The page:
Onboarding new developers into a project is a time-demanding and costly process, isn’t it? Just finding a proper specialist isn’t sufficient. We all know that every software development company has its own practices and uses its own tools. And those tools might be even in-house developed.
Therefore, it doesn't matter how skilled and experienced your new team member is, they will need to learn a lot. Sometimes, it takes pretty much time for them to learn all about the project they start working on (to start coding new features, for example), about the company’s corporate culture, and the commonly accepted practices and processes. Needless to mention the extensive documentation, and similar.
In most cases, you might not even be sure that your new team members can handle all the load of new information on their own. So, somebody more experienced is needed to help them, to guide them through the labyrinth of new information. This “somebody” is one of your more experienced developers, and they also will spend their time on onboarding procedures, guiding and coaching their new colleagues. It means more expenses.
At Mad Devs, we aim to reduce onboarding costs. To do so, we provide new developers with extensive documentation, tests, and high-quality code. No, we don’t eliminate the need for coaching and guidance from more experienced team members. But the mentioned prerequisites allow us to ensure the reduction of the learning curve for new developers. Therefore, they can move to the actual work faster. Here are some of our practices that help us to make the onboarding process cheaper and faster.
For us, onboarding is the transfer of knowledge. In this specific case, it is pushing somebody new from not knowing anything about our practices to pushing code in production. We do it by creating and maintaining clear ReadMe documentation.
Let me clarify what clear ReadMe documentation means.
First of all, a clear ReadMe document shall be easy to understand (for a new developer) and easy to write and maintain (for an experienced specialist, the one who writes it). A ReadMe document can become a great guide into the project if it:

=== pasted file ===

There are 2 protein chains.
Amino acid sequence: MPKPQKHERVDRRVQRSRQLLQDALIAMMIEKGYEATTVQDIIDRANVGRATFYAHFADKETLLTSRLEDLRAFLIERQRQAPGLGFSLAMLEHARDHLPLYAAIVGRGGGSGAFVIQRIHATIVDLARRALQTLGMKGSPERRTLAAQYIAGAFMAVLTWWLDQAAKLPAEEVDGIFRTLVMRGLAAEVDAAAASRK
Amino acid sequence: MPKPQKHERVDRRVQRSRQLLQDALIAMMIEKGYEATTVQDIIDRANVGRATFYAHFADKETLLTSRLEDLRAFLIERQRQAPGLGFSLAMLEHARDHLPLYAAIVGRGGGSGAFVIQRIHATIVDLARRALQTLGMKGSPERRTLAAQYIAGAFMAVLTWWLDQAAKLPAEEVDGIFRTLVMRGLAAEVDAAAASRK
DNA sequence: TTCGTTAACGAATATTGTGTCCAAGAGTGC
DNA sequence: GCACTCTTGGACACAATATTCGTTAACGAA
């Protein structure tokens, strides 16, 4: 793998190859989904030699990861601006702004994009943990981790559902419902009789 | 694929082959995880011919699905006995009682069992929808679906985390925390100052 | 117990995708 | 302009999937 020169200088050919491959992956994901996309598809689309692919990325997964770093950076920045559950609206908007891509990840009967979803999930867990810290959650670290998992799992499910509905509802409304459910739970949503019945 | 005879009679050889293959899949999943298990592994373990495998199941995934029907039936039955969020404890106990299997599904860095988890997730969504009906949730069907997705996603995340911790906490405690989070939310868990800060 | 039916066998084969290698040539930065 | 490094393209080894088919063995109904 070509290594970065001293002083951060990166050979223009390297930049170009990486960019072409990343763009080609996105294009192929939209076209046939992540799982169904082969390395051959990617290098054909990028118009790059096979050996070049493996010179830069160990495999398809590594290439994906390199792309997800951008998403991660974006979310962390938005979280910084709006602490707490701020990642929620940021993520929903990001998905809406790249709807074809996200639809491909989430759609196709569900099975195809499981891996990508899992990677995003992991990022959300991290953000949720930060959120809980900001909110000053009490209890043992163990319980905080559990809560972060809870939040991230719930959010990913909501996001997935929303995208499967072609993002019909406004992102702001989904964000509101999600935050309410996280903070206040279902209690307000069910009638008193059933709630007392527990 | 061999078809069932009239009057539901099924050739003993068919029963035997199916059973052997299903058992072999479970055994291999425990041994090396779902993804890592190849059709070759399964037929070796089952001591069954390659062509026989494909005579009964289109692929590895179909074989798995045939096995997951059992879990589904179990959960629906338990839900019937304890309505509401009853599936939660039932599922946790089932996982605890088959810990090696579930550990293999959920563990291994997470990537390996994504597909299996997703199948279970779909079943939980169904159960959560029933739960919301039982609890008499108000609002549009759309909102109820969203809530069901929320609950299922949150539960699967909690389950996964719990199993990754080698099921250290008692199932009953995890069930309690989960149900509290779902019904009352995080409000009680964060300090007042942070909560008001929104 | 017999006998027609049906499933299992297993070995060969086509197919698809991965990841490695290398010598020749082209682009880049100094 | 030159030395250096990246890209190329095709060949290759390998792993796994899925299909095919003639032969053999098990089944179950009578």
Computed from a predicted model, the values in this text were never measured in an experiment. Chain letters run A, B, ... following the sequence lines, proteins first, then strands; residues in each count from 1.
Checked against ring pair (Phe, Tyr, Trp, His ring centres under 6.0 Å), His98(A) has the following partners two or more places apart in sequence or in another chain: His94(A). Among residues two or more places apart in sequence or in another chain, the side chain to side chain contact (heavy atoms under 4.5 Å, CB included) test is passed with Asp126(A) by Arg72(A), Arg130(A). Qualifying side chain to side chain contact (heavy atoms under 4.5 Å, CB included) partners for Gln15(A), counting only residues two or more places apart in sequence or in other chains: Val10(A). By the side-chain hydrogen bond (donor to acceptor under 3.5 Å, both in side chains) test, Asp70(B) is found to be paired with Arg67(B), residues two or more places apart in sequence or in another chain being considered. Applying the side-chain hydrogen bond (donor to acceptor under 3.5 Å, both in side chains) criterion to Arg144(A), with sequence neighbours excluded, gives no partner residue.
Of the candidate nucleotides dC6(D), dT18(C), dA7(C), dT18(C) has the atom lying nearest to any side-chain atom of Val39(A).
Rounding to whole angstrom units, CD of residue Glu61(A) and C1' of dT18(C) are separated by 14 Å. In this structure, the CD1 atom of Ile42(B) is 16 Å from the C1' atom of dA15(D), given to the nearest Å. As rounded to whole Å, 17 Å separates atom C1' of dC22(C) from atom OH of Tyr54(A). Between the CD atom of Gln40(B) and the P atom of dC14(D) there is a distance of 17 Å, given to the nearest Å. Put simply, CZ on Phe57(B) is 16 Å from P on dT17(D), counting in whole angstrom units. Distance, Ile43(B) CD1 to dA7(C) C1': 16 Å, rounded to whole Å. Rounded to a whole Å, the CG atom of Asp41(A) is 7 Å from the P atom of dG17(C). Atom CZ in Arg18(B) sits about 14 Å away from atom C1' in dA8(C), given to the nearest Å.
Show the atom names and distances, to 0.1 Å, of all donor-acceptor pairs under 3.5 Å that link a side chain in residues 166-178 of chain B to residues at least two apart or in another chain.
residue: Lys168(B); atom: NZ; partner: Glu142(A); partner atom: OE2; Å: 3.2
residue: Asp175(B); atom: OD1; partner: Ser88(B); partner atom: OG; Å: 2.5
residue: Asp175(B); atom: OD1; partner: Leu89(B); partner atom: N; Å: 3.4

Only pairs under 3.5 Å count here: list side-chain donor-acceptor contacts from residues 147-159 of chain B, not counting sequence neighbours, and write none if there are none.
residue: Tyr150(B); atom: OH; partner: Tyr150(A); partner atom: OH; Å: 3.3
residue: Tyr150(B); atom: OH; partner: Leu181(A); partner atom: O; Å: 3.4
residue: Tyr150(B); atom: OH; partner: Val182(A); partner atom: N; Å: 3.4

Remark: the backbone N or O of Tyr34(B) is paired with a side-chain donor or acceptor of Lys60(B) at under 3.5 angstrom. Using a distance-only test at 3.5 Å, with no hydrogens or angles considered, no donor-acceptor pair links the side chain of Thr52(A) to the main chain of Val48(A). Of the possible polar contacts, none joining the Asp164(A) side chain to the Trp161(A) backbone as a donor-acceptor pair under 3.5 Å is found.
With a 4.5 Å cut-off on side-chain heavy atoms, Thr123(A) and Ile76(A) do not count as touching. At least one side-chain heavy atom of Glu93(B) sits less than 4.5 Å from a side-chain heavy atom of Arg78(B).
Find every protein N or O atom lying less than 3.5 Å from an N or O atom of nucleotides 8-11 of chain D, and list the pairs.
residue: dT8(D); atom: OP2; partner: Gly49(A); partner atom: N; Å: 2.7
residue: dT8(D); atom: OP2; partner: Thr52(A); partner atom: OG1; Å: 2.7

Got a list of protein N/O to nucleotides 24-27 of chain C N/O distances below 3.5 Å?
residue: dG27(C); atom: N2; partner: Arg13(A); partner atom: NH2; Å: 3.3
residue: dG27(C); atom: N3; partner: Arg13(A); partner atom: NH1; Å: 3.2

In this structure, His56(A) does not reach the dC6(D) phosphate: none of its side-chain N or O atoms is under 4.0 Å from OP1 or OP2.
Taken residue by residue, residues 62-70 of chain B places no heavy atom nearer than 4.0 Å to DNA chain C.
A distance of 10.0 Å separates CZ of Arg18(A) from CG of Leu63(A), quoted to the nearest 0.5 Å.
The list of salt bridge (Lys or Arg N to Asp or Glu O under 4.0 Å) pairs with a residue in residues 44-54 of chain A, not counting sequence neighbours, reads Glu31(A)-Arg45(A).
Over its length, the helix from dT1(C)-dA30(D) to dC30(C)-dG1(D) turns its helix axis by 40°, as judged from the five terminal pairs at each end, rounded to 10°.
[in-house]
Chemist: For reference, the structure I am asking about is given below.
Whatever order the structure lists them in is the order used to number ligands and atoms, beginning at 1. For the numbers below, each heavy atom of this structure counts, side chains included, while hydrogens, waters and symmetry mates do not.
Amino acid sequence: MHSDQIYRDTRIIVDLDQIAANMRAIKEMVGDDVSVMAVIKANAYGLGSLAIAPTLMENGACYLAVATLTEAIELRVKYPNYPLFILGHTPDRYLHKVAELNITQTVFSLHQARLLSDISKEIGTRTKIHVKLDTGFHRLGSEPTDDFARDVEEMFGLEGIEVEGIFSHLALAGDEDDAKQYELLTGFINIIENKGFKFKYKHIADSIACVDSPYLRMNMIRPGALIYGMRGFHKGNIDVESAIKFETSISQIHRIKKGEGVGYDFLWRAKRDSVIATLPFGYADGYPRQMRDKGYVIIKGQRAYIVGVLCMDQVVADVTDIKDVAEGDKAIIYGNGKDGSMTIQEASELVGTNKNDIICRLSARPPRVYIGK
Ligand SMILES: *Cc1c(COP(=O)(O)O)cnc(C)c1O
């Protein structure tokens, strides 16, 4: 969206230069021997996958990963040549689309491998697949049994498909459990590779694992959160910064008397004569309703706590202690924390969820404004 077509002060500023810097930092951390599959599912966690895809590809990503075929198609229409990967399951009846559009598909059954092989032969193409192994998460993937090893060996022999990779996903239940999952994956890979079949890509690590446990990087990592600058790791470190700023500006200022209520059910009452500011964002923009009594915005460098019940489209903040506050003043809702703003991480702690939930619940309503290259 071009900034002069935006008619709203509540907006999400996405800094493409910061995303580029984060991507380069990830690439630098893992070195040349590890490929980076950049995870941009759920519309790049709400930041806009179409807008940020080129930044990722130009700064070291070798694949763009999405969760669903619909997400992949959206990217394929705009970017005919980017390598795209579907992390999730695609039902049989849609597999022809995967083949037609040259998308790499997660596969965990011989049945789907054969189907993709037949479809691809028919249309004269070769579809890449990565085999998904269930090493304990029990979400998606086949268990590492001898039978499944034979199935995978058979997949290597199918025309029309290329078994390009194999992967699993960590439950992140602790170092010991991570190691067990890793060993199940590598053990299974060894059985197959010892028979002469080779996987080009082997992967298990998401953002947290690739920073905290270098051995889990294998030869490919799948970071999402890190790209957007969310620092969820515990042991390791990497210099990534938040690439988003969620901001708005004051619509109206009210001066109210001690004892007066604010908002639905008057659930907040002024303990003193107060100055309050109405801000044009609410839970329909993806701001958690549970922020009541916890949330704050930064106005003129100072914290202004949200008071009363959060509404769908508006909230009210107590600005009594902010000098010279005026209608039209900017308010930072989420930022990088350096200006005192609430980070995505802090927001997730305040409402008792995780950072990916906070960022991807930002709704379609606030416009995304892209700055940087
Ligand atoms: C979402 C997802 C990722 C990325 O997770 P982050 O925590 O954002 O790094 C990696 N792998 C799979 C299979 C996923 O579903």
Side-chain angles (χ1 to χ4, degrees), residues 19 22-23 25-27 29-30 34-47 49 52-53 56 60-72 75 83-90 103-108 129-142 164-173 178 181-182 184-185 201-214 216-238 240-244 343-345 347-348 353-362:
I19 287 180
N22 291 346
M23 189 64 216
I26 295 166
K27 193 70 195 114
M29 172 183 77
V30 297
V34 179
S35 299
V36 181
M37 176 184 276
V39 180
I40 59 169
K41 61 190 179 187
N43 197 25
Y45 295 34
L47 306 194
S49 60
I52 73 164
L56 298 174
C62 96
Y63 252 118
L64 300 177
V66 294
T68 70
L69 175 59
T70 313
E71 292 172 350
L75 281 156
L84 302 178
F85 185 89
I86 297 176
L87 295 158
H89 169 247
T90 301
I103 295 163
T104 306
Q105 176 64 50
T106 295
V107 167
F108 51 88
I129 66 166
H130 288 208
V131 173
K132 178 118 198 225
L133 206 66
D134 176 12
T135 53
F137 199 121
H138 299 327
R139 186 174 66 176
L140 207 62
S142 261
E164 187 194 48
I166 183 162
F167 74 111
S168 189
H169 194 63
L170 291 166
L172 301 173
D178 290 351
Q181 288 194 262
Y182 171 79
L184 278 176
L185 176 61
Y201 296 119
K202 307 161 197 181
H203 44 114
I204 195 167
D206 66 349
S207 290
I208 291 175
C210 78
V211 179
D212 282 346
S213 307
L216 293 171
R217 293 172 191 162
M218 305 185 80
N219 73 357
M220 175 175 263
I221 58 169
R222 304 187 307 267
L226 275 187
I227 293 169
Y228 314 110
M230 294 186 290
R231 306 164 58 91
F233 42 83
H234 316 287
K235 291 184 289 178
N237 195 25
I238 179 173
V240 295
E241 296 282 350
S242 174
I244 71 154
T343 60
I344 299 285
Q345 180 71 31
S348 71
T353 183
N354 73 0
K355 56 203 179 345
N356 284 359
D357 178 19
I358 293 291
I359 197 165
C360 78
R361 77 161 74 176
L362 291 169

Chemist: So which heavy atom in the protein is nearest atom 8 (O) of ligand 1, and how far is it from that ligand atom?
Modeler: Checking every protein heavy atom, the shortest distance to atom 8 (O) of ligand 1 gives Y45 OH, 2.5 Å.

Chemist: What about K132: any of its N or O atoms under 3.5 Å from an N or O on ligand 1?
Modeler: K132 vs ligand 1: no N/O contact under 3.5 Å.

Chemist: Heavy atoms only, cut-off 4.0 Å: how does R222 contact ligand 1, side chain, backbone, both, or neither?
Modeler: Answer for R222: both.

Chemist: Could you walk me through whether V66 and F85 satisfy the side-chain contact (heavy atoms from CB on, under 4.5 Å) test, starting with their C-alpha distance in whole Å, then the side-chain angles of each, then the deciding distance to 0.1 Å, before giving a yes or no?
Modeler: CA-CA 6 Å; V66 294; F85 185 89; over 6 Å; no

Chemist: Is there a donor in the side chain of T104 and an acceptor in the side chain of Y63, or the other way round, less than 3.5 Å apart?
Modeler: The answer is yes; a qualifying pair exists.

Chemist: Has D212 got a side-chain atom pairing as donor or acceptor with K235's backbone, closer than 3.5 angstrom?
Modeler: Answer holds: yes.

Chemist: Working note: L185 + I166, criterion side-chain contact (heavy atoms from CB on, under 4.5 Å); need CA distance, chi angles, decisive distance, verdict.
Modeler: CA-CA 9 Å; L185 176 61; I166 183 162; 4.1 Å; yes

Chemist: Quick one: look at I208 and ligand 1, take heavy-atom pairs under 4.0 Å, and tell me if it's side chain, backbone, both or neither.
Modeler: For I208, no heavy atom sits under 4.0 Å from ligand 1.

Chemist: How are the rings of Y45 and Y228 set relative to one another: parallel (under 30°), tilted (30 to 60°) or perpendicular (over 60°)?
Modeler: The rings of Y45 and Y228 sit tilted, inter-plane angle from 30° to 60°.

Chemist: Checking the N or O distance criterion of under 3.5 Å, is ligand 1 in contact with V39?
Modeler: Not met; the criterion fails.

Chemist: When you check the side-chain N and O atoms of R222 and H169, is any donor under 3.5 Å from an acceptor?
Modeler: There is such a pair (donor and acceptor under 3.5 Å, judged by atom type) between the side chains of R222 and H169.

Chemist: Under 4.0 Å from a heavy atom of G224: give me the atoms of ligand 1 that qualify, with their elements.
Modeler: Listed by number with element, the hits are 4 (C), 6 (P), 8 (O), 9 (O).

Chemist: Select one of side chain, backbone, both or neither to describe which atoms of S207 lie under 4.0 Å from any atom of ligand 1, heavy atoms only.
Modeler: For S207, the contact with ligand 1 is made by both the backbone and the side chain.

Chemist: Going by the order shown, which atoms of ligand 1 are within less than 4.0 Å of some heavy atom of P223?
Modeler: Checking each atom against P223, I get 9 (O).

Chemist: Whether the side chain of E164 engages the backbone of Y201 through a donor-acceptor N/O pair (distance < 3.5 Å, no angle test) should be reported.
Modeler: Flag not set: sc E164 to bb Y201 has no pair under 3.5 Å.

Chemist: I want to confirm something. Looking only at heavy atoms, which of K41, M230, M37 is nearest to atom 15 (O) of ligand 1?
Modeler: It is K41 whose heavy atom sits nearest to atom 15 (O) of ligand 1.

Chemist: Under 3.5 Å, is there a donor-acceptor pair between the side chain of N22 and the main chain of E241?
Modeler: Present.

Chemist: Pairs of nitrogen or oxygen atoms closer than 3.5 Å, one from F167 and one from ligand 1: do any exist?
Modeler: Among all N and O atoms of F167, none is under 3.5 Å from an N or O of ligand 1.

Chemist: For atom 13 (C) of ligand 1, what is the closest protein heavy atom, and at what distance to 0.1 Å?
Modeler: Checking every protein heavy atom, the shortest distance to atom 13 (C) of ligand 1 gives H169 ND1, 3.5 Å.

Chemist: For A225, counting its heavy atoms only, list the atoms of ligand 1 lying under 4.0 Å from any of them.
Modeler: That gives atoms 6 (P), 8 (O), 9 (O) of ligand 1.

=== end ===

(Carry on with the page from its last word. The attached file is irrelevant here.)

- Explains how the team works;
- Indicates the correct code or the code your new developer shall look for;
- Answers the questions your new developer might have;
- Is asynchronous, which means that a developer can read it and find all needed information without involving anybody.
Here, everything might be clear except for the last position: questions that your new developer might have. Ok, let me elaborate. What can those questions be if a person is just about to get involved in a new project? I have selected the most crucial ones, but you can add your own, depending on the specifics of your company and practices accepted:
Questions about a product
- How to get it up and running locally? A developer can launch tests locally to ensure they run successfully.
- How can it be used?
- How to configure it?
Questions about code organization
- How is the code organized and how can I find the needed code?
- How is the code written (the process, patterns)?
Questions about the team’s processes
- How can I submit a PR?
- How can I deploy the code?
Basically, clear ReadMe documentation allows a new developer to understand what the project is about, to launch it locally, to test, and to deploy it.
There is not much to talk about here. Tests covering more than 50% allow a new developer to understand the project’s business logic. If tests are clear, properly written, maintained, and updated, and if the developer can launch them, it will reduce the onboarding costs significantly.
If you have seen an example of an infrastructure architecture diagram, you know why it is needed and how it can help. It shows the new developer the project’s constituents and how they are connected.
I would compare an infrastructure architecture diagram with a roadmap. Like a detailed roadmap, it explains where and how you shall move. It also allows reducing the guidance from more experienced developers.
A CI/CD pipeline automates your software delivery process. It builds code, tests it, and deploys a new app version.
With CI, every change in the code triggers a build-and-test sequence. Then, it delivers the feedback to the developer who has implemented the code changes.
CD performs infrastructure provisioning and deployment.
Any failure at any stage triggers a notification to a responsible developer. If everything runs smoothly, the entire team receives a notification about a successful deployment to production.
How can a CI/CD pipeline be used to reduce the onboarding costs?
It helps a new developer to understand how the project is assembled, in what stages it is done, and how it is deployed.
We link all merge-requests and commits to a specific task in the issue-tracker. By revising the task, a new developer can see the work process on a specific task in progress:
- How the task was described and what goal was set;
- Who has been working on it;
- What actions have been performed and by whom;
- Who tested the task and what tests were run;
- What fixes were implemented, if any, and similar.
Along with the organization of the team’s work, IDE (Integrated Development Environment) application allows eliminating the need for manual configuring and integration of multiple utilities. Every utility that is commonly used by the team is already integrated into the team’s workbench. It also allows new developers to start using the team’s utilities and tools asap and develop new features.
You might be wondering what happens if some artifacts are not available in the code repository or they are not as required? Well, in such a case, be ready for the long and costly onboarding of every new developer.
Previously published at maddevs.io/blog